Arsenic in the water

According to monitoring reports it sends to the West Virginia Department of Environmental Protection, Albright Power Station in Preston County, W.Va., has been discharging more arsenic than its permits allow into tributaries of Daughtry Run, which flows into Cheat River.

Earlier this week, attorneys for the Appalachian Center filed a federal lawsuit – on behalf of the West Virginia Highlands Conservancy, the West Virginia Rivers Coalition and Sierra Club – asking the courts to stop these ongoing violations.

The power plant, operated by Monongahela Power Co. doing business as FirstEnergy, has permits to discharge limited amounts of pollutants into tributaries of Daughtry Run, but its own discharge monitoring reports show that it has been regularly exceeding the permitted limits of arsenic.

The discharges have exceeded both daily and monthly limits, resulting in 249 days of violations. Penalties for such violations can be as much as $37,500 per day.

Despite the fact that notice of intent to sue was filed more than 60 days ago documenting these repeated violations, neither the U.S. Environmental Protection Agency or the West Virginia DEP have taken any action, nor has the power plant done anything to treat its discharges to remove the arsenic.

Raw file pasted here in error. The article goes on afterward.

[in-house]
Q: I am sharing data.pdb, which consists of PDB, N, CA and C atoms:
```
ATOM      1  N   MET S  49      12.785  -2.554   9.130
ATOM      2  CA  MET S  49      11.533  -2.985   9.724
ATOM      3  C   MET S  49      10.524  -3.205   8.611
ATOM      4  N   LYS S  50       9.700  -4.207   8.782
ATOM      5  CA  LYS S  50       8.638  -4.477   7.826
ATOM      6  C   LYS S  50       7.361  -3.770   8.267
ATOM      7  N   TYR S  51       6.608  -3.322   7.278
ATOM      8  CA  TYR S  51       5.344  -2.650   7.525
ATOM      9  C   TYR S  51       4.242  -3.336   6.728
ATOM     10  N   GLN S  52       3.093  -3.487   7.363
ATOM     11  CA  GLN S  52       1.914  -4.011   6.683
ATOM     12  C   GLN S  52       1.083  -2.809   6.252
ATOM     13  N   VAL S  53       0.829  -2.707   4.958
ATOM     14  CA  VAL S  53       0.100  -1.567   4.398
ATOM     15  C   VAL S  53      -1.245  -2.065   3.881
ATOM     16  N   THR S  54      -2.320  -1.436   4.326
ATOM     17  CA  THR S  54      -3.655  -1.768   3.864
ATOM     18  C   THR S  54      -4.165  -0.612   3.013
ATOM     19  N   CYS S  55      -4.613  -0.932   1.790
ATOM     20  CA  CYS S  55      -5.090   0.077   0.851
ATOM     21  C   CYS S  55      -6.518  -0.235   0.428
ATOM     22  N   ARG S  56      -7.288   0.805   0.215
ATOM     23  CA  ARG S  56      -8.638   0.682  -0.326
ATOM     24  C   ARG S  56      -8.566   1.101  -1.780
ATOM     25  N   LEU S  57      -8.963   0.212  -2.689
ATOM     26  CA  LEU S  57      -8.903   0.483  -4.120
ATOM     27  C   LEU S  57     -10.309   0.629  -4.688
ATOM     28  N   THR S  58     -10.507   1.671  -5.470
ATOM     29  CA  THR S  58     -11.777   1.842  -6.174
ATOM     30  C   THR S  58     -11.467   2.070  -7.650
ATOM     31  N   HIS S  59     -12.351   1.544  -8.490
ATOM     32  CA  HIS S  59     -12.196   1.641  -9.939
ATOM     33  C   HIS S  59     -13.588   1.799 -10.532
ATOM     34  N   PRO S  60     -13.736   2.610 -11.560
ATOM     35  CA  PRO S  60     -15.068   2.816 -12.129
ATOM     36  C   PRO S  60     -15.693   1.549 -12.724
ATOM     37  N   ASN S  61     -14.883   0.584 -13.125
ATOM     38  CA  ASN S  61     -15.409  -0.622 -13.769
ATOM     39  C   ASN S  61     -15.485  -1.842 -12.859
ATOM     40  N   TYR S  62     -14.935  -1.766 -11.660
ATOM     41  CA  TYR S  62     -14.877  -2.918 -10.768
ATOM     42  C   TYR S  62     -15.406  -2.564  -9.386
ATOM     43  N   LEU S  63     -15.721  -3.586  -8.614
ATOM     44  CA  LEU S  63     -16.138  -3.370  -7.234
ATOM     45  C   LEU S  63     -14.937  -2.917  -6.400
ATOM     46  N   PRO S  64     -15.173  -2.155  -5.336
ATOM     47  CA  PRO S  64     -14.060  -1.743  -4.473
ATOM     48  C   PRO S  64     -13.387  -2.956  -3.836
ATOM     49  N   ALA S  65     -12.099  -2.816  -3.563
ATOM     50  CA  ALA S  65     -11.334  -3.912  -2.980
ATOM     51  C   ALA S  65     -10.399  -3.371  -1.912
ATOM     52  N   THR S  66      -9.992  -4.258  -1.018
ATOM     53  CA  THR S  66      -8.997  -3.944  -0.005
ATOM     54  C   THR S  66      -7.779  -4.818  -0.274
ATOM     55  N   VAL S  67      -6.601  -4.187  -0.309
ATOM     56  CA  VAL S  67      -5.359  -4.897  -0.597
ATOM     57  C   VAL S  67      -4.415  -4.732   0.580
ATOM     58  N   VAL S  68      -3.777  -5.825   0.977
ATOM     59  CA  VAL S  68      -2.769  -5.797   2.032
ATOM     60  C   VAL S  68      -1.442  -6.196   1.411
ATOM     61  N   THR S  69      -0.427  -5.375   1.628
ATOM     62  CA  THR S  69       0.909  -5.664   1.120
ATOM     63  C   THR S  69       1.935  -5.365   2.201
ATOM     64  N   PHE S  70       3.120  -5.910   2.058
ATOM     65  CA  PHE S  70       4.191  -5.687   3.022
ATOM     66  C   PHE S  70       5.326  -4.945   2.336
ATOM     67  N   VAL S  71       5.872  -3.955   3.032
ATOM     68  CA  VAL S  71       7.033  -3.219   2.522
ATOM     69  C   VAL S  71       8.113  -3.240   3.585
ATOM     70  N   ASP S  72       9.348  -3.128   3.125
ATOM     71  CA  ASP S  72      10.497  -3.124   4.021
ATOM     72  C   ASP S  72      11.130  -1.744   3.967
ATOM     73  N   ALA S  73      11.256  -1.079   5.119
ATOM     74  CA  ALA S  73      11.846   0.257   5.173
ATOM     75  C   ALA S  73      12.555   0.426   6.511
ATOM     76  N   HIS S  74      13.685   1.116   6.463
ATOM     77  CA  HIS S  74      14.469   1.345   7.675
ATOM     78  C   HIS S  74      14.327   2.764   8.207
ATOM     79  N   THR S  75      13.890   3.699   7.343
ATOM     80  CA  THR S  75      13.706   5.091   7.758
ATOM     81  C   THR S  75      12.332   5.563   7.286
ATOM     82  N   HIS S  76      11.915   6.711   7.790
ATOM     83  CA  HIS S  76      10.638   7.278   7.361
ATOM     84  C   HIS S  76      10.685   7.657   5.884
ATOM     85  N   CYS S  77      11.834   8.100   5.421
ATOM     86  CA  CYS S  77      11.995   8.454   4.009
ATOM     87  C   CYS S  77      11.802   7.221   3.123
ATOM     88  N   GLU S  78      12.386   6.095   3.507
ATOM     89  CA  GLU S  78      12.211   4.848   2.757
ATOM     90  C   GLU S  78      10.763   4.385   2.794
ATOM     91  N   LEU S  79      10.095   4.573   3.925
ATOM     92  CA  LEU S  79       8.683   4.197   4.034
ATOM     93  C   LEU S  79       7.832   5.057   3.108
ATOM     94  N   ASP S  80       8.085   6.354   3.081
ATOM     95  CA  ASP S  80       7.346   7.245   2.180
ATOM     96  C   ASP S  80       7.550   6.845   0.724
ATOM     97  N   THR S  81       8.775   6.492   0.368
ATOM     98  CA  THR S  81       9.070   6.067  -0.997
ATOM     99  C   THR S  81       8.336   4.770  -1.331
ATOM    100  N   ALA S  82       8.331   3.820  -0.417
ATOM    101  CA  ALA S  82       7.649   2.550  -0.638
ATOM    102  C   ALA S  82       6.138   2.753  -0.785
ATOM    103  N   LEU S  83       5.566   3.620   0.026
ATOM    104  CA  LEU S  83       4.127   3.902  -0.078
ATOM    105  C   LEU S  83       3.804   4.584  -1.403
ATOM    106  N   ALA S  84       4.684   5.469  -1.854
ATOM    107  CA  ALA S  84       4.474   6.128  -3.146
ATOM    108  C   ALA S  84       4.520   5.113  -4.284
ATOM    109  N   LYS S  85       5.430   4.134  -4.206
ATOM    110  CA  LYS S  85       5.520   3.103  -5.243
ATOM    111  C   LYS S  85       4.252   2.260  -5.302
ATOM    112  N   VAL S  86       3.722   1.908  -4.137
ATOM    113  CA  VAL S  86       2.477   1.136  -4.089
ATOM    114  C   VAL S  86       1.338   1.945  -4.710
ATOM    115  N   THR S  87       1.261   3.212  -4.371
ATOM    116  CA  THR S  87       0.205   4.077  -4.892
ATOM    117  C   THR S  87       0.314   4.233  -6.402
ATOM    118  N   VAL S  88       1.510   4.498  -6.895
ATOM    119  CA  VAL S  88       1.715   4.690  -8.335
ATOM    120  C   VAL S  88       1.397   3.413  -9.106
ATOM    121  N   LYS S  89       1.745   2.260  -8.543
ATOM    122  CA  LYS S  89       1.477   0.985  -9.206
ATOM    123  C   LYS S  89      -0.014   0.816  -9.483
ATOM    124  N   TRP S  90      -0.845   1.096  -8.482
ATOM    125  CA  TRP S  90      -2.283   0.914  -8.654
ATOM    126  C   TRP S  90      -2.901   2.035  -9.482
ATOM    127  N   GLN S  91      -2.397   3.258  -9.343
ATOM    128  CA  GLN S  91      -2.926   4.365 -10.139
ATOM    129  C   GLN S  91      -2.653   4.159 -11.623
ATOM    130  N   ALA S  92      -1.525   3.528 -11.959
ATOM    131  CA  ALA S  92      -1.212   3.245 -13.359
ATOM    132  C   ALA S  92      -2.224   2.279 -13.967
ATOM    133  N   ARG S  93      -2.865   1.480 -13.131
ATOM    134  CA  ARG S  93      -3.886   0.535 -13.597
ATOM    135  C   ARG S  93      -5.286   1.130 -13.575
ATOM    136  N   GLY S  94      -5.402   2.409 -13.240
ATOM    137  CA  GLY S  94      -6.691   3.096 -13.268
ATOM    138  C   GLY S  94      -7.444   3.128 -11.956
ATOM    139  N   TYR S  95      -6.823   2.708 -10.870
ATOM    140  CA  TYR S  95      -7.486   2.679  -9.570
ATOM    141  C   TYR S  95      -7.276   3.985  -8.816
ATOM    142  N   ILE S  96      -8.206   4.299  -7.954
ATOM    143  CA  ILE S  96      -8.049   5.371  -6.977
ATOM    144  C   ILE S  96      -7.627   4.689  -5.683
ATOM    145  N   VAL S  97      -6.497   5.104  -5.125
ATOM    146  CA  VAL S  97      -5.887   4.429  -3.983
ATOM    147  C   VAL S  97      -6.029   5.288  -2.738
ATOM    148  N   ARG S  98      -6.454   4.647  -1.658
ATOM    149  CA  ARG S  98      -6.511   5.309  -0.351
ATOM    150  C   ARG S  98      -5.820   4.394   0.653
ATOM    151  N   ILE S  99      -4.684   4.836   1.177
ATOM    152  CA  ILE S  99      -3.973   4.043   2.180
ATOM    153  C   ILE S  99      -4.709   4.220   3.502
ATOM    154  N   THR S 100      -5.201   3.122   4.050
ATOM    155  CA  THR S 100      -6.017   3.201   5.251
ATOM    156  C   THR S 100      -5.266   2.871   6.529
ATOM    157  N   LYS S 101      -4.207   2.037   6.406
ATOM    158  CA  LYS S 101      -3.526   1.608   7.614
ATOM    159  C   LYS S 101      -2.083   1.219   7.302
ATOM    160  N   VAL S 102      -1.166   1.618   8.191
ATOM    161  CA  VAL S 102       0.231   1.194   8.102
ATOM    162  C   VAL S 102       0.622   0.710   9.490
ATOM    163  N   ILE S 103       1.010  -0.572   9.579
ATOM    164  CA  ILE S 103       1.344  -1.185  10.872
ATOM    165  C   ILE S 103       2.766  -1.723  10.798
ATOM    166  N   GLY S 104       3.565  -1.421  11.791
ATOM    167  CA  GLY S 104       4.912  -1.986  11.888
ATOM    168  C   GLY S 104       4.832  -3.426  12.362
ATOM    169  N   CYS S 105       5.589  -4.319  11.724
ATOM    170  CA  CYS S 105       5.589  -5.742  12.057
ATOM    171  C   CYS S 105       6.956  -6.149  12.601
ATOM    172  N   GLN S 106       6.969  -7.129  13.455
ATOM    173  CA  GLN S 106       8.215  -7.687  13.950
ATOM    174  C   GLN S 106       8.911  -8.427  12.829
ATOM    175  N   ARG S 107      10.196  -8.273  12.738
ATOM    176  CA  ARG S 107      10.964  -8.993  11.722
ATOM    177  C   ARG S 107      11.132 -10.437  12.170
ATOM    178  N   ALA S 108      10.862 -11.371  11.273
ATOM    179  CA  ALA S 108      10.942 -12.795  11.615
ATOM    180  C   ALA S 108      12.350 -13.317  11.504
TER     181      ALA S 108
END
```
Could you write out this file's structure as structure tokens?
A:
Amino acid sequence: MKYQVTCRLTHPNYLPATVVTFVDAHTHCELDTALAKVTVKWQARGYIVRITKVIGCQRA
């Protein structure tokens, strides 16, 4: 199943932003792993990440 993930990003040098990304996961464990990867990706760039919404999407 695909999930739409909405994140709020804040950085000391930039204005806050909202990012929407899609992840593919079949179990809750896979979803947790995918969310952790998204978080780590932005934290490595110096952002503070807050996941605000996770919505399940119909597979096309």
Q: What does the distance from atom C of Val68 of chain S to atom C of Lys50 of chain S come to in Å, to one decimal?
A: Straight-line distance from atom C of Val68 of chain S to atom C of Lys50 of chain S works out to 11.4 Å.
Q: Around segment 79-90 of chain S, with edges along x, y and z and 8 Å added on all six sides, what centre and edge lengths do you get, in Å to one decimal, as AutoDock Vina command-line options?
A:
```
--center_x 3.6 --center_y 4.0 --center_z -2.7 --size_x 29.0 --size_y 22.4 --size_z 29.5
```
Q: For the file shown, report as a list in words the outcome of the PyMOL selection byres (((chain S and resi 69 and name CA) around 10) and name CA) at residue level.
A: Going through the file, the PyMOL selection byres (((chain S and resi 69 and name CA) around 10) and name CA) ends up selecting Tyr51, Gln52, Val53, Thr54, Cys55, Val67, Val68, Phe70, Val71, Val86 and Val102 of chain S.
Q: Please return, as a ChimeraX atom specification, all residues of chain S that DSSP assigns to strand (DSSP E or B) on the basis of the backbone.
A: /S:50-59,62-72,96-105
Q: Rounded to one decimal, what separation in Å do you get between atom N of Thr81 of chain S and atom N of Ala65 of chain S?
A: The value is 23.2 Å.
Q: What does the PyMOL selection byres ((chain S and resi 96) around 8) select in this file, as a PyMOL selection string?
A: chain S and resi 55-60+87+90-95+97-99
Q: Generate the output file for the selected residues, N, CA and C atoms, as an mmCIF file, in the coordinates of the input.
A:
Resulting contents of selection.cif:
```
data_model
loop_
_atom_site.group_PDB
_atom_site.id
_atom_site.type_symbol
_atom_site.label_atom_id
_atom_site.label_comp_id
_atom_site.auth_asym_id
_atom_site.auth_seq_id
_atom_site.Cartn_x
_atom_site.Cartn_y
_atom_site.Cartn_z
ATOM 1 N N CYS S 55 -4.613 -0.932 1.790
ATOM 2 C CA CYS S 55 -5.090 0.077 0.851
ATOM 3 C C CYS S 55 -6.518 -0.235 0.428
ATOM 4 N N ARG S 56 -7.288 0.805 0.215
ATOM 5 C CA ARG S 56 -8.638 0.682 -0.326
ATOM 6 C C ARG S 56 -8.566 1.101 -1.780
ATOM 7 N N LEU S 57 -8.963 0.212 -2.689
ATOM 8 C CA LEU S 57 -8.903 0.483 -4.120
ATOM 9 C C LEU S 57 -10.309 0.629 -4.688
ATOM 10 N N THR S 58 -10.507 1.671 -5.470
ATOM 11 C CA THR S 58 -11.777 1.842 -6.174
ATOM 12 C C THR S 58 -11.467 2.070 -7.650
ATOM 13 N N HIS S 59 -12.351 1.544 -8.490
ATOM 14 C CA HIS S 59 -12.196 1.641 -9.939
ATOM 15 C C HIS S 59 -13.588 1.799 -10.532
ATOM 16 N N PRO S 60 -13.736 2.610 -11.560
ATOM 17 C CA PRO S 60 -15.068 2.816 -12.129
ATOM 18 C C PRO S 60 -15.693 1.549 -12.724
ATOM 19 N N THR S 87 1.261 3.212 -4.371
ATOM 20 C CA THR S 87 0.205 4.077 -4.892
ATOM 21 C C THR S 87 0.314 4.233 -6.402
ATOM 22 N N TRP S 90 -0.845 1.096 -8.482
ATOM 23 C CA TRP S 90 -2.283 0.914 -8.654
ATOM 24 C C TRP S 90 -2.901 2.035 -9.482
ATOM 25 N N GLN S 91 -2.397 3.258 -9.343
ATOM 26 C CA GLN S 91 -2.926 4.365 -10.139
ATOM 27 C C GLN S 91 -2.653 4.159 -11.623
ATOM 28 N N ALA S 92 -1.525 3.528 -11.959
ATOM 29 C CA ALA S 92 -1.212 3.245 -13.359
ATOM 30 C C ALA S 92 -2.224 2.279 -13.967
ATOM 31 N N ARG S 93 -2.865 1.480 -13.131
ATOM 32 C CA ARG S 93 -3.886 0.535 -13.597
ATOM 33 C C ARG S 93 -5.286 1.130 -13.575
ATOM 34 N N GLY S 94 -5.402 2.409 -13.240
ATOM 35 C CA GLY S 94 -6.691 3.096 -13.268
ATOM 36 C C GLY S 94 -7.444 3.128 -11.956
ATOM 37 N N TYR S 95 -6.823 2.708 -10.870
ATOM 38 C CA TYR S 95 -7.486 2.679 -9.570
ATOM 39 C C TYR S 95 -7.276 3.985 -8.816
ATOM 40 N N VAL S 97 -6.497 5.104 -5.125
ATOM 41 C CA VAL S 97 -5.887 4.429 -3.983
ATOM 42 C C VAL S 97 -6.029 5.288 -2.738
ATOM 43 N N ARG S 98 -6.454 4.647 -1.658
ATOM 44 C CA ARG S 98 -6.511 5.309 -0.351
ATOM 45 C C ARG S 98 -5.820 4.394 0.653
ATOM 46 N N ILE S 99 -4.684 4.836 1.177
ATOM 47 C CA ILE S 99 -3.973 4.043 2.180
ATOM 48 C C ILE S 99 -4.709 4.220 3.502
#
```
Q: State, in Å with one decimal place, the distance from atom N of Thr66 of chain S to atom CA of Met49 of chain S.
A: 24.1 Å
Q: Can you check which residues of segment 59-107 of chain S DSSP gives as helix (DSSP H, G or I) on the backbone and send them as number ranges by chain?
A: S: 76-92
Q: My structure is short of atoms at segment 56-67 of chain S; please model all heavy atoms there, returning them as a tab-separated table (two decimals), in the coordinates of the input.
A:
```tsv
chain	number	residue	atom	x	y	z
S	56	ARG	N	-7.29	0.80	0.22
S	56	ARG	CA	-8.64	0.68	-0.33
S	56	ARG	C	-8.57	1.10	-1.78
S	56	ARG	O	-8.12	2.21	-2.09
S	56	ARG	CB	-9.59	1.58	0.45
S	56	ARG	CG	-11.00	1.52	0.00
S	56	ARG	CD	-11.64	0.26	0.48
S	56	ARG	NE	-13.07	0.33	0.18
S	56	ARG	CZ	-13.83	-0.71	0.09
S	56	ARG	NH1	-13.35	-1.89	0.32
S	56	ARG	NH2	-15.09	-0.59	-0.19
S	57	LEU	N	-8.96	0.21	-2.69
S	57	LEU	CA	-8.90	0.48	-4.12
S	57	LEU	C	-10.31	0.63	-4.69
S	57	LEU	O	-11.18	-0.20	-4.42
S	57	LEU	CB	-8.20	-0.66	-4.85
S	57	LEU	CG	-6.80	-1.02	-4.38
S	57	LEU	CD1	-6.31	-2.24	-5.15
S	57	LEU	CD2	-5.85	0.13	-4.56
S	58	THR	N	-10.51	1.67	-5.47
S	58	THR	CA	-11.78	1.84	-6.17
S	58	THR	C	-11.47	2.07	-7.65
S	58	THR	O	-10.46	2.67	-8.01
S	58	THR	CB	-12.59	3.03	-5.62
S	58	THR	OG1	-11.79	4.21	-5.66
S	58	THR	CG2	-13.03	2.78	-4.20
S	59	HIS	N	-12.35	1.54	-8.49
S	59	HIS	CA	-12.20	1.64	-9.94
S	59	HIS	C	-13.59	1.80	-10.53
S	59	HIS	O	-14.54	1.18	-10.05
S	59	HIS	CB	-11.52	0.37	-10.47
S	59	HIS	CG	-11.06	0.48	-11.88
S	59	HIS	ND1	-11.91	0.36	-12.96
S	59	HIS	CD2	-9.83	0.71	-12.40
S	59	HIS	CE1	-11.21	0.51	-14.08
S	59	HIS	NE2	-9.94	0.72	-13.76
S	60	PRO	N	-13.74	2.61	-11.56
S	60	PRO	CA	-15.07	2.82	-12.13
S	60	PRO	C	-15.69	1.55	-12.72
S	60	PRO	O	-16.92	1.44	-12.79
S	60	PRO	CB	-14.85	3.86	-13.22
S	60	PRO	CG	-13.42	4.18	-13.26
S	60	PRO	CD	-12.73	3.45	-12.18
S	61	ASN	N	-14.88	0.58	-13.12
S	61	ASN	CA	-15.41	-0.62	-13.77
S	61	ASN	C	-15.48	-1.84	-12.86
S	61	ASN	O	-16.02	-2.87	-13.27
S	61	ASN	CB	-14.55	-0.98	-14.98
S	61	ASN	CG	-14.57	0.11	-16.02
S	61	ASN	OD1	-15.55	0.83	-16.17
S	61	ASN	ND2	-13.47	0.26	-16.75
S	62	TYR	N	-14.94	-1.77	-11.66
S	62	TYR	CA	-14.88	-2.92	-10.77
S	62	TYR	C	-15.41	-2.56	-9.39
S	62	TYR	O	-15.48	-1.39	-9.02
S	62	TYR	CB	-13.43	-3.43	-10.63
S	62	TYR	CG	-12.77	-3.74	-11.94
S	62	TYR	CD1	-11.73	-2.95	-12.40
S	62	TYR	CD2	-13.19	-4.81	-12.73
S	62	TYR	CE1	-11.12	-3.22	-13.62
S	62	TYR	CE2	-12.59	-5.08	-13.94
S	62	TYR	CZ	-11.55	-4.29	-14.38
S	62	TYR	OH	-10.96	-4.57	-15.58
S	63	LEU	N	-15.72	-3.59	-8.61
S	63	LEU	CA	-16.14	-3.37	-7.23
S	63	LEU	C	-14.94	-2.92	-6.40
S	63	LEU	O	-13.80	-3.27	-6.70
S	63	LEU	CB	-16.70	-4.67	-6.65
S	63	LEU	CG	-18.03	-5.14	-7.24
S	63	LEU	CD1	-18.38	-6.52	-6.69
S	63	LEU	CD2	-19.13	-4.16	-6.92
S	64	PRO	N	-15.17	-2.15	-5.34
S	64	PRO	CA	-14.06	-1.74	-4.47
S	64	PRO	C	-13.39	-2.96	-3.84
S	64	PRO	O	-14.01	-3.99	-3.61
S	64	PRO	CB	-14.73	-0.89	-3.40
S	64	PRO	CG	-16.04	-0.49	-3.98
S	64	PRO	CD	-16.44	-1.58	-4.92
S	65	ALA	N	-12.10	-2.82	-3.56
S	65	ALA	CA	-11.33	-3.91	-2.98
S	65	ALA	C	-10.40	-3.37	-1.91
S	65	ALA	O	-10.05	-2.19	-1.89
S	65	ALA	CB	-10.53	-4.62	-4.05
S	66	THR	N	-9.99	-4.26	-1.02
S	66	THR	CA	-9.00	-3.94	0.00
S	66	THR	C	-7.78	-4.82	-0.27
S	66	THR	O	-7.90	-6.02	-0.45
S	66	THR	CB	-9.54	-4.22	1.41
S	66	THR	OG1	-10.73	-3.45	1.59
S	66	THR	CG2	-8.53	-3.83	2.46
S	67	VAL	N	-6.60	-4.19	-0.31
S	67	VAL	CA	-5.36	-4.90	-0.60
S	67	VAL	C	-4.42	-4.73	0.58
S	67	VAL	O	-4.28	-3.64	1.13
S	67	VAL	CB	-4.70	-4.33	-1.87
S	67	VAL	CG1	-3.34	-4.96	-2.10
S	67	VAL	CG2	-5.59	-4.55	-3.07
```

In fact, in a response to the notice, the plant indicated that it has no intention of reducing its arsenic discharges but will instead petition DEP to raise its permit limits.? The company has already received special variances, allowing it to pollute additional amounts of selenium, aluminum, and manganese into the waters of Daugherty Run – a high quality stream holding brook trout – than would typically be allowed.? Attorneys for the Appalachian Center will work to ensure that arsenic discharges are kept below the limits in the current permit.

The suit asks for an injunction against future violations and payment of civil fines for past violations.

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